Ok, so first of all, you will need to ensure your Raspberry Pi is assigned the same IP address each time the IP address pool is refreshed. This may be different on your Router, but on the BT Smart Hub, choose My Network form the Advanced Settings page.

You will see something like this:

Configure BT Home Hub for VPN

In the list, look for your Raspberry Pi. As you can see in the screenshot above, my Raspberry Pi is called ‘rpivpn’. Go ahead and click on the Raspberry Pi in the list of devices.

Configure firewall for VPN

Make a note of the IP address assigned, and choose Yes for the option Always use this IP address. Save and you will be returned back to the list of devices.

Step 4.2 – Open up the Firewall ports to allow VPN traffic to the Raspberry Pi

Next we need to allow the VPN traffic through to the Raspberry Pi from outside your home network. Yet again, I (and most of the UK) have a BT Smart Hub, so this is tailored for this device.

From the Advanced Settings page, choose Firewall. Choose Create a new Firewall Rule. Give your rule a meaningful name, choose your Raspberry Pi and add the external port start and end to 500 and the same for Internal. In the protocol box, choose UDP. Click the Add button.

Now add another rule, start and end 4500 for both External and Internal Start and Finish. Choose UDP again and click Add. Click save.

Firewall ports for L2TP/IPsec VPN

A summary of the ports is below:

IP Type Internal port External port
Your Raspberry Pi IP UDP 500 500
Your Raspberry Pi IP UDP 4500 4500

Step 4.3 – Make a note of your router’s IP address on the WAN (internet)

You will have noticed, there’s lots of talk around IP addresses. So far we have seen the IP address of your Raspberry Pi on your local network. In order to connect to your VPN externally to your home network, we need to know your Router’s IP address on the Internet.

Note, I would imagine that most people are on a dynamic IP address. This means the IP address asigned to our Router changes periodically. If you have a static IP address, this never changes. I will follow up with another tutorial on how to assign a hostname to a dynamic IP address so that we can use something like remote.your-domain.com instead of using the dynamic IP address each time. When the dynamic IP address changes, you need to know what the new one is before you can reconnect to your VPN from the outside-world.

Simply type What’s my IP address into Google to get this:

Find your IP address

Make a note of this – it’s the IP address of your router on the internet, and we’ll need this to log onto your VPN from the outside world. That’s essentially it – we’ve created our VPN server and we’ve opened the Raspberry Pi to the world. All that’s left now is to connect to it.

Step 5 – Connect to your VPN

In order to connect, you should be on a different network to the one that your Raspberry Pi is connected to. To test this, I tethered my laptop to my mobile phone.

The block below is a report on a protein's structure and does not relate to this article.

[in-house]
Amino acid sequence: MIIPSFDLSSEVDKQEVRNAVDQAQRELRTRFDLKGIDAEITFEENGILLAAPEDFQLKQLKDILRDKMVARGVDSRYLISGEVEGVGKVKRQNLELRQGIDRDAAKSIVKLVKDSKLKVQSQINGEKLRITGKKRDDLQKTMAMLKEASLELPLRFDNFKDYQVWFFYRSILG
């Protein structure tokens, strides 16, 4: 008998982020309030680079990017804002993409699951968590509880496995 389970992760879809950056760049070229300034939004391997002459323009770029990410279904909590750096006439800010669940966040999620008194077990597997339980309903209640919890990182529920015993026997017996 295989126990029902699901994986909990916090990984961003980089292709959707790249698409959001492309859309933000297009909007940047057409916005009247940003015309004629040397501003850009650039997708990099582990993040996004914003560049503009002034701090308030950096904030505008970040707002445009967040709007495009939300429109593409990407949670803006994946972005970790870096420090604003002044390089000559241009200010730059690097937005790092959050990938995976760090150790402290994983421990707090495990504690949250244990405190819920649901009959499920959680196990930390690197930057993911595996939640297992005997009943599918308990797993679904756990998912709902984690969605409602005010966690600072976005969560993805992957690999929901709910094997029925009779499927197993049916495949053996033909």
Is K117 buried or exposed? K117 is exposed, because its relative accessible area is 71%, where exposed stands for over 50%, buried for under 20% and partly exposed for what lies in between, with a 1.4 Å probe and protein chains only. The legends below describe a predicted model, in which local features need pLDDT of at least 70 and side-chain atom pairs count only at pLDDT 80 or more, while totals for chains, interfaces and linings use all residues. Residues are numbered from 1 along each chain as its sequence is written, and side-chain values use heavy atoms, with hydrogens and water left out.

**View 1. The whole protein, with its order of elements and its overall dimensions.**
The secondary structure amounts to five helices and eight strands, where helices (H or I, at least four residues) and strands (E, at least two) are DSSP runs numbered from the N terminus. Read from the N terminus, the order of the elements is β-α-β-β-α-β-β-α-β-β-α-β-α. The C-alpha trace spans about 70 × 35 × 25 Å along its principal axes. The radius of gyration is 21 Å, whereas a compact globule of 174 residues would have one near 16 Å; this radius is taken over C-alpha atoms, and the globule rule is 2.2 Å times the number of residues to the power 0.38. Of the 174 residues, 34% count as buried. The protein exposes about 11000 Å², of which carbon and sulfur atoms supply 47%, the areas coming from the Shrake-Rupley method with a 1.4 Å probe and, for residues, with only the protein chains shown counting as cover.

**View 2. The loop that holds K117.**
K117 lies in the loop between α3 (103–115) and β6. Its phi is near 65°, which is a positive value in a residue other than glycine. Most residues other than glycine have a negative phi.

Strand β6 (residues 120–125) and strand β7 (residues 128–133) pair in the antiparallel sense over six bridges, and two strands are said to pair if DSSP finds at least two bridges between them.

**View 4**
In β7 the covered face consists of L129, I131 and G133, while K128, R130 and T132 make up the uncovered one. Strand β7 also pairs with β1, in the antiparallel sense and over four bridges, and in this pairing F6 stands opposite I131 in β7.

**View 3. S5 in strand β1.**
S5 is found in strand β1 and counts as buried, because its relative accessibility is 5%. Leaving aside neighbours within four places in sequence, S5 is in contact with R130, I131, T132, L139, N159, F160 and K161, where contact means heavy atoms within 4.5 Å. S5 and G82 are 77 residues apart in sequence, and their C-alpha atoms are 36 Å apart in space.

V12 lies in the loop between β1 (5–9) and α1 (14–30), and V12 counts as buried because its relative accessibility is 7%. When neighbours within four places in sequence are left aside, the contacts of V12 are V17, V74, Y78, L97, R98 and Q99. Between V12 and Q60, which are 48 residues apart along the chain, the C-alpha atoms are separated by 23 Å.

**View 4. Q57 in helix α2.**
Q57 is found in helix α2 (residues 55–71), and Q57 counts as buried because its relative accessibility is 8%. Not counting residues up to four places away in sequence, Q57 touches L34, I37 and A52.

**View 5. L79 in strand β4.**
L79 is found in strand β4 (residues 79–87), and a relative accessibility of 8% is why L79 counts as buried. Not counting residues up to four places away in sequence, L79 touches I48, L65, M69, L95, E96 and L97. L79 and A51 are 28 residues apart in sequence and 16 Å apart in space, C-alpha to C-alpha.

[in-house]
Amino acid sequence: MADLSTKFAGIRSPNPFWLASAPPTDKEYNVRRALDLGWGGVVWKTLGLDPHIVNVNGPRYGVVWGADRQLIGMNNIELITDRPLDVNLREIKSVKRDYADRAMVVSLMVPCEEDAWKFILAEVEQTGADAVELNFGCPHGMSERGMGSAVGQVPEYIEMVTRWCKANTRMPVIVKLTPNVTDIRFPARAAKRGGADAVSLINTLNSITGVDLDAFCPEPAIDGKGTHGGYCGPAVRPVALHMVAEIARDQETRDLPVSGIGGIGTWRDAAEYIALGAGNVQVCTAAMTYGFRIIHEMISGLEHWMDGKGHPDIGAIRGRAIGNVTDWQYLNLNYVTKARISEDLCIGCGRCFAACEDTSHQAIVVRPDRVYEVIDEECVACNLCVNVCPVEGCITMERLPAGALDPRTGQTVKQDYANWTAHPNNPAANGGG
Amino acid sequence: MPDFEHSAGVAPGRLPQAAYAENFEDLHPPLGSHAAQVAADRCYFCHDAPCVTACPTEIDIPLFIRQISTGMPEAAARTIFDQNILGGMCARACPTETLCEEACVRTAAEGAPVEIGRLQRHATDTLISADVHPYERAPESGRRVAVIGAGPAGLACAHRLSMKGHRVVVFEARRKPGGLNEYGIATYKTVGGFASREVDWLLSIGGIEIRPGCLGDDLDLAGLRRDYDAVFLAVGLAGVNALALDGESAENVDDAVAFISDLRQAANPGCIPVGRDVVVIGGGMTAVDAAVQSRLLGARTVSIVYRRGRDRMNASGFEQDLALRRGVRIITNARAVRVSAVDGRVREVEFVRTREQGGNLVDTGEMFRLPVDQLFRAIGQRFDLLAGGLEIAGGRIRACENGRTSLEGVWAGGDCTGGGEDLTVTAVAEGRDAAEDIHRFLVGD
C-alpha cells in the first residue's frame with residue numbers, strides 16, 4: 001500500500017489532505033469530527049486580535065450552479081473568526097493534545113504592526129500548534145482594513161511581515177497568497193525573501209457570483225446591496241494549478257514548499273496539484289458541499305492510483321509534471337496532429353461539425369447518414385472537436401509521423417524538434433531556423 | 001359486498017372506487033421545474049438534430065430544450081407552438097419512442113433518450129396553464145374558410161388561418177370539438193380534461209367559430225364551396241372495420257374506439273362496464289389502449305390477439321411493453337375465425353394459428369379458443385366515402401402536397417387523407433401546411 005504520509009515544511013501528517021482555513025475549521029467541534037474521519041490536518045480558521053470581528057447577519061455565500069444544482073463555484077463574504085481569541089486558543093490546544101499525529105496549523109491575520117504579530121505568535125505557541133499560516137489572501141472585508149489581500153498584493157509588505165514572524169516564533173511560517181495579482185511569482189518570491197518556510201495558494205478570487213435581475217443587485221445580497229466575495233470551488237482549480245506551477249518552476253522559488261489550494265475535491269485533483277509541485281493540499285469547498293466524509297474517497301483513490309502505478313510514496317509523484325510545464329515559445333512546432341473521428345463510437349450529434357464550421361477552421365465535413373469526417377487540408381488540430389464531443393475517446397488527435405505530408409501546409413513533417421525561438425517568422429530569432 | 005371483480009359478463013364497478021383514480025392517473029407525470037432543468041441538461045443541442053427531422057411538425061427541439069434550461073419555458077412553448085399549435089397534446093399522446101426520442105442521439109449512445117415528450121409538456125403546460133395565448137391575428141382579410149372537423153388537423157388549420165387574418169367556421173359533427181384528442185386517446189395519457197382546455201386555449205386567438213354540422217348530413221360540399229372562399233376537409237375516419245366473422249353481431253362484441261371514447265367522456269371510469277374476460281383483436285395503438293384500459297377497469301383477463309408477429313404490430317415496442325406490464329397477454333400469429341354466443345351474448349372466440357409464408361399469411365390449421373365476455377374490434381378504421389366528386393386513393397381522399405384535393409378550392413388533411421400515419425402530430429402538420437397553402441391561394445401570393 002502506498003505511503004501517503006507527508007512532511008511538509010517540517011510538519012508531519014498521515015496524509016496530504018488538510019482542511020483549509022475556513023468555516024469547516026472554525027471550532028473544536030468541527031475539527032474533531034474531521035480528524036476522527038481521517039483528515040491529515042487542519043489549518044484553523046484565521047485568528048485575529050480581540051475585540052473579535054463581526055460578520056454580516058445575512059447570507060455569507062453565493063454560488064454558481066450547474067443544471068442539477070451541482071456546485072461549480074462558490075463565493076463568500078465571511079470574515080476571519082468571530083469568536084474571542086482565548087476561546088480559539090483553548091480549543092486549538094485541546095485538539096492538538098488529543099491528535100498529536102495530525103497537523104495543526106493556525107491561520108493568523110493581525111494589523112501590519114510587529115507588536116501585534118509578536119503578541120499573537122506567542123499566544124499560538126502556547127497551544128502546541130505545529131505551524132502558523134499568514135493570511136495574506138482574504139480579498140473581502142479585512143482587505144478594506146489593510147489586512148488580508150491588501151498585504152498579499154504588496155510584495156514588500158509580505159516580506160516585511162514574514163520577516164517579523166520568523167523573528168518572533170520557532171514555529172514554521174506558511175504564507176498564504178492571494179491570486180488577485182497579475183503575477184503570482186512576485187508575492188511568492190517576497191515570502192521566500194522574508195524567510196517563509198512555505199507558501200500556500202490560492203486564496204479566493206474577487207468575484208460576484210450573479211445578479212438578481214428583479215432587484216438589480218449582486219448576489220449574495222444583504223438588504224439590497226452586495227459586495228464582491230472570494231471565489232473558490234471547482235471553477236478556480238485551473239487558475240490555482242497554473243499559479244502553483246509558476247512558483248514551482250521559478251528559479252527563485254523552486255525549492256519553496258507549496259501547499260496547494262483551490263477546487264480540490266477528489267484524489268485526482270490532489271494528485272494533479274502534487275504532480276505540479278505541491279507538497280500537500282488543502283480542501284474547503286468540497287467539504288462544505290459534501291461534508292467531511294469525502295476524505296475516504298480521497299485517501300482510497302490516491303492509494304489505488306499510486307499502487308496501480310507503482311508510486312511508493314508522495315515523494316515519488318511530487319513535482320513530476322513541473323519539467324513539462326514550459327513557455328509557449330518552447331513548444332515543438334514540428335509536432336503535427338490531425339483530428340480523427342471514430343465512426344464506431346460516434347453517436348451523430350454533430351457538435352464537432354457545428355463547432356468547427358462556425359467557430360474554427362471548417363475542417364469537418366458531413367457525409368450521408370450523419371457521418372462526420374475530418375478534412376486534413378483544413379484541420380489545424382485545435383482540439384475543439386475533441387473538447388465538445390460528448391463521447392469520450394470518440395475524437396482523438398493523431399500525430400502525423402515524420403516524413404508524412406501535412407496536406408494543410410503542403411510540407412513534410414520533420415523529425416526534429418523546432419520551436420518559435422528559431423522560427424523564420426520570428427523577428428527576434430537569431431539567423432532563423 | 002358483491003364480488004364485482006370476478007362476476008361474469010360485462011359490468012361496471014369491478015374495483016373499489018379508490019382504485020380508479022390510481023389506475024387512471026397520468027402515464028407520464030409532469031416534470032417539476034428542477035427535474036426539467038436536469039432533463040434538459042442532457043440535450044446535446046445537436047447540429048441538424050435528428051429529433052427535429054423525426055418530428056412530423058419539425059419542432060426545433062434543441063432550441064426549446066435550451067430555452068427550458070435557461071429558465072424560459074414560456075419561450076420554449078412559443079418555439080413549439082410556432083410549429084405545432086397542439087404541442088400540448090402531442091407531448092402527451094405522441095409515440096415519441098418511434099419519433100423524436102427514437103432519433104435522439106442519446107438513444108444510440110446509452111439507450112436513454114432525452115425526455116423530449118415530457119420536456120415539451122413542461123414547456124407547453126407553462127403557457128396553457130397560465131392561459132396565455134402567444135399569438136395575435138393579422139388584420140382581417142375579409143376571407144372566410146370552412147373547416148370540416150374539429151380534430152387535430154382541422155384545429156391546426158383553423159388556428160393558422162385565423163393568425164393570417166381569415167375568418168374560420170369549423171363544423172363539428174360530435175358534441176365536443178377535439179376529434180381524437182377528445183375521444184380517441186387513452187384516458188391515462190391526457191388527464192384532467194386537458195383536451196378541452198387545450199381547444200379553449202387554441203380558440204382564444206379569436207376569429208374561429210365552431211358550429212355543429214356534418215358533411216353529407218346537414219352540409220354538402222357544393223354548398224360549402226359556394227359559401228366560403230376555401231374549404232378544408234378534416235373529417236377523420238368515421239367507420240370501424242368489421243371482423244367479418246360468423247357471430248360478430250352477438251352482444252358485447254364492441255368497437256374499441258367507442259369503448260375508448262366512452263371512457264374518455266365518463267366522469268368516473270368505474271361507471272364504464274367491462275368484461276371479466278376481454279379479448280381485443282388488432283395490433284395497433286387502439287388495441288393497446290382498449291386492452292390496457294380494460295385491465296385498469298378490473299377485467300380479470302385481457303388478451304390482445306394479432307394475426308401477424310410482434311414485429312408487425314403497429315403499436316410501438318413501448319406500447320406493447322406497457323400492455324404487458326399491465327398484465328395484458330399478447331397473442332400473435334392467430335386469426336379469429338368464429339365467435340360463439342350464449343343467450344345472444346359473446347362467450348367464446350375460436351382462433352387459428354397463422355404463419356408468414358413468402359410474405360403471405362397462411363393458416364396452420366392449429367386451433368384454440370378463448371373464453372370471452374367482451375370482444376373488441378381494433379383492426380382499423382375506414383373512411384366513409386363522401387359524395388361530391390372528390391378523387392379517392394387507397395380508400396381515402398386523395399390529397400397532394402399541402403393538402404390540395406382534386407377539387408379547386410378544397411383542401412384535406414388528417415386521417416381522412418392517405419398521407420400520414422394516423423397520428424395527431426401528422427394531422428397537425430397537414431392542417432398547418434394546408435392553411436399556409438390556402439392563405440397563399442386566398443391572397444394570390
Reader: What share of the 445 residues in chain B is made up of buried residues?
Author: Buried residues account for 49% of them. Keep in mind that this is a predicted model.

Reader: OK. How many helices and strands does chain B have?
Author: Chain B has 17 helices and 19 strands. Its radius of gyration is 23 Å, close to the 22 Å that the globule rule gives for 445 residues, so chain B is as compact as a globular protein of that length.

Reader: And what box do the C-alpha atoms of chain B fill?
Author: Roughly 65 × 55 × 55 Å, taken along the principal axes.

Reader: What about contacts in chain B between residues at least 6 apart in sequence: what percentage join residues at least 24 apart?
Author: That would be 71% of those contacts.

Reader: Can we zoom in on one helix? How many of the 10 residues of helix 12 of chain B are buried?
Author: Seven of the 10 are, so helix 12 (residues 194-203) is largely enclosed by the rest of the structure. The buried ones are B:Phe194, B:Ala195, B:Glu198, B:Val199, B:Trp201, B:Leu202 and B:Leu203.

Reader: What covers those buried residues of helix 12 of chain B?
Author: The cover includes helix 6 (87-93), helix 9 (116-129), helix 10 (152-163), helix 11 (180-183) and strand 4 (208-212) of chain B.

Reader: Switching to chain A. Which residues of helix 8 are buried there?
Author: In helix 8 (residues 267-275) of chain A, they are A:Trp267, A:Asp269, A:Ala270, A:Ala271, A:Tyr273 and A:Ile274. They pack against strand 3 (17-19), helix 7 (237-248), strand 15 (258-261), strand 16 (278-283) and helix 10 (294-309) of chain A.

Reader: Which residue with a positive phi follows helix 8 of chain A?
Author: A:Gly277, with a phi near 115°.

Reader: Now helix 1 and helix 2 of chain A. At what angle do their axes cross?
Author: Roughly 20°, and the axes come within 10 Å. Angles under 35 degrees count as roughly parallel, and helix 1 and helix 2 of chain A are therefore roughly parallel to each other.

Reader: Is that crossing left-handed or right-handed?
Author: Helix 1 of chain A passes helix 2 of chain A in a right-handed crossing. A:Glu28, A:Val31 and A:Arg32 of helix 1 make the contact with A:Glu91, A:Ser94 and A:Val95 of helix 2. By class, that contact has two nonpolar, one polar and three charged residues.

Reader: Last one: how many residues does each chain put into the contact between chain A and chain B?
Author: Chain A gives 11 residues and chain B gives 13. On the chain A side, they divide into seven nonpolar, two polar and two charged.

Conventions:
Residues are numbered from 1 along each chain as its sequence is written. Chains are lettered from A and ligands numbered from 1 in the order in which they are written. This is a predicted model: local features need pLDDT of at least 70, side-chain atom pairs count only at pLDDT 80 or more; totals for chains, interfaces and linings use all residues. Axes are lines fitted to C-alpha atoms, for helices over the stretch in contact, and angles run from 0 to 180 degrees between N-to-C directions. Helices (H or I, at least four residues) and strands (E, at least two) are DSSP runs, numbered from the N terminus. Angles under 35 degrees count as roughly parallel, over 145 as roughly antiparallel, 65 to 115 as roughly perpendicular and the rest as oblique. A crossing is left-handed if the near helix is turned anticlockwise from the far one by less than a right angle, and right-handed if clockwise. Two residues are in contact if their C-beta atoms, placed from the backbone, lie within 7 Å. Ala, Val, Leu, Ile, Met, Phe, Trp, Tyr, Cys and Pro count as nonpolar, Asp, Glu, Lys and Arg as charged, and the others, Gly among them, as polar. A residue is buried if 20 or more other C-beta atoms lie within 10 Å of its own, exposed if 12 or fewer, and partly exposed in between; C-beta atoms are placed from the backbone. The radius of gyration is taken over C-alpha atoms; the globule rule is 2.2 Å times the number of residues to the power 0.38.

Connect from Windows 10

First, click Start, then choose the settings cog on the left hand side of the screen.

In the settings screen, choose Network & Internet.

On the left hand side of the screen, choose VPN and click Add a VPN Connection

Connect to VPN from Windows 10

As shown above, use the following settings:

Setting Value
VPN Provider Windows (built-in)
Connection Name Anything you like
Server Name or Address Your IP from step 4.3
VPN Type L2TP/IPsec with pre-shared key
Pre-shared key The key generated in step 3
User name The username generated in step 3
Password The password generated in step 3

Save and try connecting to your VPN. You should see something like this:

Connect to VPN in Windows 10

Connect from MacOS

Todo

Conclusion

We’ve installed our Raspberry Pi-based VPN server, set it up on our network and connected to it from our clients. The next step is to setup a hostname so that we don’t always need to find the IP address of our home network as most people will be on a Dynamic IP that changes periodically. I’ll cover this in another tutorial.

Any questions, feedback etc, feel free to ask in the comments.

 

Ste

Web Developer living in Manchester, working for Studio Skylab (http://www.studioskylab.com). Views and thoughts are my own.

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3 Responses

  1. Martyn says:

    Thanks very much for this – I will give it a go when I get home. Please can you tell me if this setup will let multiple users connect at the same time?

  2. Nico says:

    after following the instructions I have executed the following script: ipsec verify this gave 2 errors:

    pluto listening for ike on udp 500 failed
    Pluto listening for IKE / NAT-T on udp 4500 [DISABLED]

    how can I solve this.
    regards

  3. Pete says:

    I get the following error
    files list file for package ‘mongodb-clients’ is missing final newline